The other advantage is, those heating elements are a little bit unsightly. They can be hot and at times you want to keep things away from them because they are potentially at worst case, a potential risk for fire. So I think outside of the obvious economic savings, just the overall safety and the look of them can easily be improved with the heat pump.
John: Can they actually be dangerous especially with kids who are crawling around on the floor and maybe touching those baseboard heaters or-
Matt: Yeah. I don’t know if you’ve ever actually stuck your hand inside of one of those, but the outside surfaces of those get pretty hot and those inside elements will most definitely burn you. So, yeah, I think there’s obviously, if you do have little kids in the house like I do, they’re very exploratory and they like to stick things in places they shouldn’t. But be it their hand or a piece of tissue, I wouldn’t want either of them going inside one of those four mounted electric units.
Ductless Heat Pump Versus Traditional Heating Systems
John: All right. What are some of the advantages of a ductless heat pump system over a traditional heating system like gas or oil with a furnace or a boiler?
Tim: Yeah, John, good question. One of the biggest advantages is waste. So a traditional system that connects to a chimney like a oil boiler or a gas furnace is when that flame comes on to make the heat for the house, the chimney works by taking that exhaust and drafting it up the chimney. So when you think about that, you’re paying to make the flame then the chimney is sucking a lot of it out, sometimes as much as 20% or 30%.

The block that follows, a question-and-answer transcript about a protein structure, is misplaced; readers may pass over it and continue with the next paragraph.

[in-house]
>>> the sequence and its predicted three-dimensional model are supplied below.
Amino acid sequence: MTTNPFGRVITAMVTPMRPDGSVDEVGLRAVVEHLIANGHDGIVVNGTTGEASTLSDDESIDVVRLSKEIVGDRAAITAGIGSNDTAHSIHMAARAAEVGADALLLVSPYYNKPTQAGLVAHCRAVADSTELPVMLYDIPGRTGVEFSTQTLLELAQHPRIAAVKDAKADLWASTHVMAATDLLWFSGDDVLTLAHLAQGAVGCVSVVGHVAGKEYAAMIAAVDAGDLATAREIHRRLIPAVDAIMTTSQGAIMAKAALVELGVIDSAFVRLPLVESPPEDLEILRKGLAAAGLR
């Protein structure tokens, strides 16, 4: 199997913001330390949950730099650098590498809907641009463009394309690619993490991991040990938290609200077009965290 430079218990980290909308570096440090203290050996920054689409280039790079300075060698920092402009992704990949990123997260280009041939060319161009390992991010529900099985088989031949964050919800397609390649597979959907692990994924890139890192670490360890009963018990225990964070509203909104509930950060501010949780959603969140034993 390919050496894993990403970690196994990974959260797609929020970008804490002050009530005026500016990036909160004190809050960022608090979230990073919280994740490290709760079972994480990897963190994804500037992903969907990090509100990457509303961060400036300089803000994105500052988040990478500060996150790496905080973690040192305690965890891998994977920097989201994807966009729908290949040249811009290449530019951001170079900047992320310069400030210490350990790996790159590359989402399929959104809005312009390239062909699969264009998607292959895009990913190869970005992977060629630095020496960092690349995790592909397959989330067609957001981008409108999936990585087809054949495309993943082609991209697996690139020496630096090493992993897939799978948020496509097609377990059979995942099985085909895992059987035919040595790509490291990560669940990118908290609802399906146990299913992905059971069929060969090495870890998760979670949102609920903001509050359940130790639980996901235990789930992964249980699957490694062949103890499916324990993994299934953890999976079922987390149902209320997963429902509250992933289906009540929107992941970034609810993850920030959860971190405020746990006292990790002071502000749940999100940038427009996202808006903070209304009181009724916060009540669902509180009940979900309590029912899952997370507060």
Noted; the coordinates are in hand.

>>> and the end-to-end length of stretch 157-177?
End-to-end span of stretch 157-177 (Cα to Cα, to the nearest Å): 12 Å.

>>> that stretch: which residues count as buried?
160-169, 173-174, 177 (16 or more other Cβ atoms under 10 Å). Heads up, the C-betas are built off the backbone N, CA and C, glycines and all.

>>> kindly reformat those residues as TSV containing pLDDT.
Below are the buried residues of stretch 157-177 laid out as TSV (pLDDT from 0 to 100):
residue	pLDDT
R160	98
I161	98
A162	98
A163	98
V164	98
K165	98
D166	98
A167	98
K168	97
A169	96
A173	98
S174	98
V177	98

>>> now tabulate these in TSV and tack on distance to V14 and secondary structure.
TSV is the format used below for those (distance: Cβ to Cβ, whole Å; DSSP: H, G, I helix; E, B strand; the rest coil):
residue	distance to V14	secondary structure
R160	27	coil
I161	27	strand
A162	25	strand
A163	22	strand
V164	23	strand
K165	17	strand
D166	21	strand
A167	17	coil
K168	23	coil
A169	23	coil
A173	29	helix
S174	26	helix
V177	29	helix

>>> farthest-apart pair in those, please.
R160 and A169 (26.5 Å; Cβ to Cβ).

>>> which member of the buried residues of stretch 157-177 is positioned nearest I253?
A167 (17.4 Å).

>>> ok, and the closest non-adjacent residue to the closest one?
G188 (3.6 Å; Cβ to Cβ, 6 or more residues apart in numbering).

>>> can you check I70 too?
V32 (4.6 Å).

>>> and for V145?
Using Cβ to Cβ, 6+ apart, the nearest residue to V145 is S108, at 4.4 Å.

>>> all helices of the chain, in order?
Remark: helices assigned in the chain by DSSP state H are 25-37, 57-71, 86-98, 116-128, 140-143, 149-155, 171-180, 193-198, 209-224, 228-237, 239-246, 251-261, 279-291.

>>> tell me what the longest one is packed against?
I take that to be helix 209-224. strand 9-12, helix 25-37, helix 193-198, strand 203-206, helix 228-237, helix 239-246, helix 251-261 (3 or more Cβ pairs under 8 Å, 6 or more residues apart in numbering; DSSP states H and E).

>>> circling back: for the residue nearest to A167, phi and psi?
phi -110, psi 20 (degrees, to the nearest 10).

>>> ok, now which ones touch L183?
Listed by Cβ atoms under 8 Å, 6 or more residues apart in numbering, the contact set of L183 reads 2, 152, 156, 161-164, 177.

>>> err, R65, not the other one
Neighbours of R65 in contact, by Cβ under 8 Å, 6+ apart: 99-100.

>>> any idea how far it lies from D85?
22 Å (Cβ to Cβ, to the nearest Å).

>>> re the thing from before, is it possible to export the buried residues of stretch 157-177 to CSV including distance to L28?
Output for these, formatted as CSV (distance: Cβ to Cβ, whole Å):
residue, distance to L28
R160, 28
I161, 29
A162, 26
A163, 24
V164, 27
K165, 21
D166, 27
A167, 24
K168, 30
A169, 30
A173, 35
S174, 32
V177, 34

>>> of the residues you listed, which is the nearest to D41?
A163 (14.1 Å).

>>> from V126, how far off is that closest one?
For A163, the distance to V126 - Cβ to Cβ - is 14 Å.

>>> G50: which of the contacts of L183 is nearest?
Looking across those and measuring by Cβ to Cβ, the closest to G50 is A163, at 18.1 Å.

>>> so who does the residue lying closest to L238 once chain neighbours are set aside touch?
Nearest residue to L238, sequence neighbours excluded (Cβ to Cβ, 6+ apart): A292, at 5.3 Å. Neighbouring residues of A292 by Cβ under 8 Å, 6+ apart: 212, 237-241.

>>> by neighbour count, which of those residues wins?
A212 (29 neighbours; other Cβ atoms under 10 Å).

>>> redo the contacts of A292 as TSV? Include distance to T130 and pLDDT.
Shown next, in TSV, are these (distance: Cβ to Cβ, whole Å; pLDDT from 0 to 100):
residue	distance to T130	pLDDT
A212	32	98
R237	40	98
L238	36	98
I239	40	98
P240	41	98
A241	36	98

So that’s 20 to 30 cents on every dollar you spend on the fuel going up the chimney compared to the ductless heat pumps, where it’s directly putting the BTUs right into the house without any combustion loss. So there’s a huge savings there, which I’ll go back to tie it in. That’s why New York State is offering these rebates to try to help people reduce their operational costs of the house and be more energy efficient for the environment. And at the end of the day, the homeowner should be a much more comfortable person with a Mitsubishi heat pump.
John: Right. So you can be more comfortable in your home and feel good about having a green heating system in your home as well.
Tim: Yeah. And the big elephant in the room in New York here right now is fuel oil. And the cost of a gallon of fuel oil is just out of control. So if you could use your heat pump, offset that cost, you’re going to start paying back your heat pump very quickly.
To Learn More, Contact Jones Services
John: All right. Well, that’s really great information guys. Matt and Tim, thanks again for speaking with me today.
Matt: Thanks, John.
Tim: Hey John. Thanks.
John: And for more information, you can visit the website at jonesservices.com or call (845) 294-1010.